Fire in the Wilderness should be managed according to the letter and spirit of the Wilderness Act, and adjacent land should be managed to protect that wilderness character.
Natural wildfires are critical to the survival of Cumberland Island’s ecosystem. However, under NPS management, naturally-occurring fires have typically been controlled.
At this time, the NPS is trying to control natural fire by installing miles of destructive firebreaks with heavy motorized equipment on the border of federally-designated Wilderness. They are also doing controlled burns on adjacent land, which decimates Wilderness character. This clearly contributes to a disruption in the island’s natural fire cycle, and precariously endangers its ecosystems.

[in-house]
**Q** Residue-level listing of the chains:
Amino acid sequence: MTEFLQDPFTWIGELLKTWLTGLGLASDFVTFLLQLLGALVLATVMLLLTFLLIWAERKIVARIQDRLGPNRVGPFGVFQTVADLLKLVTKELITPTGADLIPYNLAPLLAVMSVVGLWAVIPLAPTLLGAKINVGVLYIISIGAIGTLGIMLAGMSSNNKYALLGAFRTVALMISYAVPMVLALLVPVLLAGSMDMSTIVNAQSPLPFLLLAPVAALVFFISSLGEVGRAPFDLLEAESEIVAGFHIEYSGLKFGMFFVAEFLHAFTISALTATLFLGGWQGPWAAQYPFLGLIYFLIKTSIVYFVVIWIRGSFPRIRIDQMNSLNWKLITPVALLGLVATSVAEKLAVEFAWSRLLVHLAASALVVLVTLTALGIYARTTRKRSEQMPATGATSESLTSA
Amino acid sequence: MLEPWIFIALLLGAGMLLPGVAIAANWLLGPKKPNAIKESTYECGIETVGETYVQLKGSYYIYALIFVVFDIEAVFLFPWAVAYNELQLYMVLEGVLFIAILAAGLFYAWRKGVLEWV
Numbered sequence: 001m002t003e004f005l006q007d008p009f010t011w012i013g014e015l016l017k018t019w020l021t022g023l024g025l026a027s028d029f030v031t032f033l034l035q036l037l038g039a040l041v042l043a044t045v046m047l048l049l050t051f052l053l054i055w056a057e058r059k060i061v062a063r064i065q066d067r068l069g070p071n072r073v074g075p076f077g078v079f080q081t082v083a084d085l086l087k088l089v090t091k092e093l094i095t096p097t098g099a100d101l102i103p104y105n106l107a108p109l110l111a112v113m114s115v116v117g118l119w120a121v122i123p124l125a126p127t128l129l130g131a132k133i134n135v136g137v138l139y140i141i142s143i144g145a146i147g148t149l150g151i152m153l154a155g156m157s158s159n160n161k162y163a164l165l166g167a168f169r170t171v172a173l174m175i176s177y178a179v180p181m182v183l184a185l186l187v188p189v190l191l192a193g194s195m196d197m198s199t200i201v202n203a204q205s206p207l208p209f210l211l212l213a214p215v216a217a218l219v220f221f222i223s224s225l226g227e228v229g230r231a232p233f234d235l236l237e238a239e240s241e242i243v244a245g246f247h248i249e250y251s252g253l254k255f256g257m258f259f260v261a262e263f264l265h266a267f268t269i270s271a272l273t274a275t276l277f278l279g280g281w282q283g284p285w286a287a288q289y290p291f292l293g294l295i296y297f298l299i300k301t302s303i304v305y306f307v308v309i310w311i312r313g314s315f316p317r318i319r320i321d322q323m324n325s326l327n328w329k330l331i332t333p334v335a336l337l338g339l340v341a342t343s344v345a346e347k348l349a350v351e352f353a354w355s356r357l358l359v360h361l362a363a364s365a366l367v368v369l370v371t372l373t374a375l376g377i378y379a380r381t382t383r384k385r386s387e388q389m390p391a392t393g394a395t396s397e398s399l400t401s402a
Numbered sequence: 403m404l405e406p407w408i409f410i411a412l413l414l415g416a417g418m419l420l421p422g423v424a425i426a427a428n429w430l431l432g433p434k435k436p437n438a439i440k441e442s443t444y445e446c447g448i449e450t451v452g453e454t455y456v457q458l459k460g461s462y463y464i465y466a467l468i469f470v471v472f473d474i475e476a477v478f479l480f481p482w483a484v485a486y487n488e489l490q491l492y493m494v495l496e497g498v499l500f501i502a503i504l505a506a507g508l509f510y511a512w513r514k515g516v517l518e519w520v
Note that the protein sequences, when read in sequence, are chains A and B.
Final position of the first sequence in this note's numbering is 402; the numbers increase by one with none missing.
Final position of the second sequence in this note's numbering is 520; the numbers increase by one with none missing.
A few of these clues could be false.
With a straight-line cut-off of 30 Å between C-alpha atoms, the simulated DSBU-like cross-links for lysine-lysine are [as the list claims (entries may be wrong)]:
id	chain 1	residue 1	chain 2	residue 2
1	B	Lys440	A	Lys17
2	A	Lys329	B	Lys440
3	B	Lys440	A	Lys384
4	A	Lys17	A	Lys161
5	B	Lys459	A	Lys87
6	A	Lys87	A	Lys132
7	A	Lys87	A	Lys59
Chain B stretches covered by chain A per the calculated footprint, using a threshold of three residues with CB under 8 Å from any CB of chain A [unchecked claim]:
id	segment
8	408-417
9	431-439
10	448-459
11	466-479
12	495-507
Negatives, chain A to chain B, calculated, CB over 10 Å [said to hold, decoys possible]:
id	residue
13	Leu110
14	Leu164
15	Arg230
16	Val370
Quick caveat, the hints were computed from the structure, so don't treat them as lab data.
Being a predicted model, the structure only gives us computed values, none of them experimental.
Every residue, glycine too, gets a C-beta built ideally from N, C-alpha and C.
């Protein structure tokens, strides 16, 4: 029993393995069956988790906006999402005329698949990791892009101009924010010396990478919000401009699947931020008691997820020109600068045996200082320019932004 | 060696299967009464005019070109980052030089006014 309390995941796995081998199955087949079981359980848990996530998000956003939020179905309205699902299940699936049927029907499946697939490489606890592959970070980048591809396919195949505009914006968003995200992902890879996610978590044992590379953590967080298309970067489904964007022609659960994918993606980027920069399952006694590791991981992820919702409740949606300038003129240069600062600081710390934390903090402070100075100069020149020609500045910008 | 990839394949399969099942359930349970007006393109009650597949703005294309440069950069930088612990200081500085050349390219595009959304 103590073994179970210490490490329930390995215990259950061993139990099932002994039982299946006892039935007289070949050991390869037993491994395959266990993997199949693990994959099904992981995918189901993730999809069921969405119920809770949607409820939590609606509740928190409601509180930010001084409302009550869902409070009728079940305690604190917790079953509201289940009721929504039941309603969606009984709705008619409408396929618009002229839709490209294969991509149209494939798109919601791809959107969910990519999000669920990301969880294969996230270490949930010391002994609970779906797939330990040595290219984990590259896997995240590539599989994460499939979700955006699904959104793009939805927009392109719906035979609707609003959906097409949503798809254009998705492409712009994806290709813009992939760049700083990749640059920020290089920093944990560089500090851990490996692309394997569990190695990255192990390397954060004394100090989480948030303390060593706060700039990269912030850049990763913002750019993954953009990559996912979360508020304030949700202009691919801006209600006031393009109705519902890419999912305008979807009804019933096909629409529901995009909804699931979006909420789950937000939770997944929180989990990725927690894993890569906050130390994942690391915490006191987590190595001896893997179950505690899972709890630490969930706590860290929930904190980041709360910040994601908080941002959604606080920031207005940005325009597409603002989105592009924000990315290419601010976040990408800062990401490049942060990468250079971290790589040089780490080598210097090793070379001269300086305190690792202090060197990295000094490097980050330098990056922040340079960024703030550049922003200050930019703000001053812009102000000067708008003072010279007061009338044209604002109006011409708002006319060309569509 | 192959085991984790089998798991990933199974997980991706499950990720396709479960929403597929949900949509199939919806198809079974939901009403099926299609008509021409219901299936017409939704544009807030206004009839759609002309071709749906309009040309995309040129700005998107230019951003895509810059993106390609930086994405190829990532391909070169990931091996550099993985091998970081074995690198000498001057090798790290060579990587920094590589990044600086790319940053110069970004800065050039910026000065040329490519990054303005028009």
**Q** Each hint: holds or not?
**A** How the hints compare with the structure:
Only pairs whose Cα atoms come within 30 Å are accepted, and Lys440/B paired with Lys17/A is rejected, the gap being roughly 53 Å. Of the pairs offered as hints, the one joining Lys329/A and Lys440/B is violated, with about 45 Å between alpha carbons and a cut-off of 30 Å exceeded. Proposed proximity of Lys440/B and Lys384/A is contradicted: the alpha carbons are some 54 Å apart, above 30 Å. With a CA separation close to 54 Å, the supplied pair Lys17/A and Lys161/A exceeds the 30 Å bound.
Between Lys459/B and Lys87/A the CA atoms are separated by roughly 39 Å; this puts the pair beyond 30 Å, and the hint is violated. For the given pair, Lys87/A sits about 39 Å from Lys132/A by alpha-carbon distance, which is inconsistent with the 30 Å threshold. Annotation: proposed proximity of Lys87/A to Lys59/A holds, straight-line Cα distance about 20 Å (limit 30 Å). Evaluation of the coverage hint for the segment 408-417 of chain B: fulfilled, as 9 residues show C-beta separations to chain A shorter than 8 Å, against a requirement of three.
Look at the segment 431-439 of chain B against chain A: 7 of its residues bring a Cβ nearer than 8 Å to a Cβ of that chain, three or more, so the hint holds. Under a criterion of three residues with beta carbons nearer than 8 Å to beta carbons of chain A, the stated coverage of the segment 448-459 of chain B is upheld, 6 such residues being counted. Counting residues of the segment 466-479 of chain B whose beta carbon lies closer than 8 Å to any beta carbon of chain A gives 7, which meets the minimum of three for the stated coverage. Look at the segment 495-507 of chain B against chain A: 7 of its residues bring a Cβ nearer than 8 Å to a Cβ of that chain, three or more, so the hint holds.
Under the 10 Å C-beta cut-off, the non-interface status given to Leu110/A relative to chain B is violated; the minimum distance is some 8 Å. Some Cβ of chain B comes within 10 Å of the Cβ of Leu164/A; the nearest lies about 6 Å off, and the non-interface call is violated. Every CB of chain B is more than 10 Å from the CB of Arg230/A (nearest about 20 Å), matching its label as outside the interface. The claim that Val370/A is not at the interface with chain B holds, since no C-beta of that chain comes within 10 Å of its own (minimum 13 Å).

- The Park Service’s current fire management policy, enacted in 2015 and updated in 2019, does not comply with wilderness management guidelines as defined in the Wilderness Act.
- An updated fire plan is anticipated in May 2020.
- Residences and historic structures are always fully protected under the fire management plan.
The fire history of the scrub forest community typically shows a major burn every 25 to 30 years. The fire-adapted scrub needs a significant fuel build-up over many years in order to burn hot and to mineral soil. Invading plants that are not fire-adapted are then eliminated and the ecosystem remains viable. If fire frequency is changed, with a concomitant reduction in intensity, over time the community/ecosystem itself will change.
The wetlands rely on fire to control encroaching vegetation and remove accumulated organic material during dry spells.
Under the NPS’ full fire suppression policy on Cumberland Island, this natural cycle has been disrupted. Every day there is fire suppression or controlled burns, the ecological health of this island is in greater danger.
You can see the National Park Service’s own coverage of their fire management here.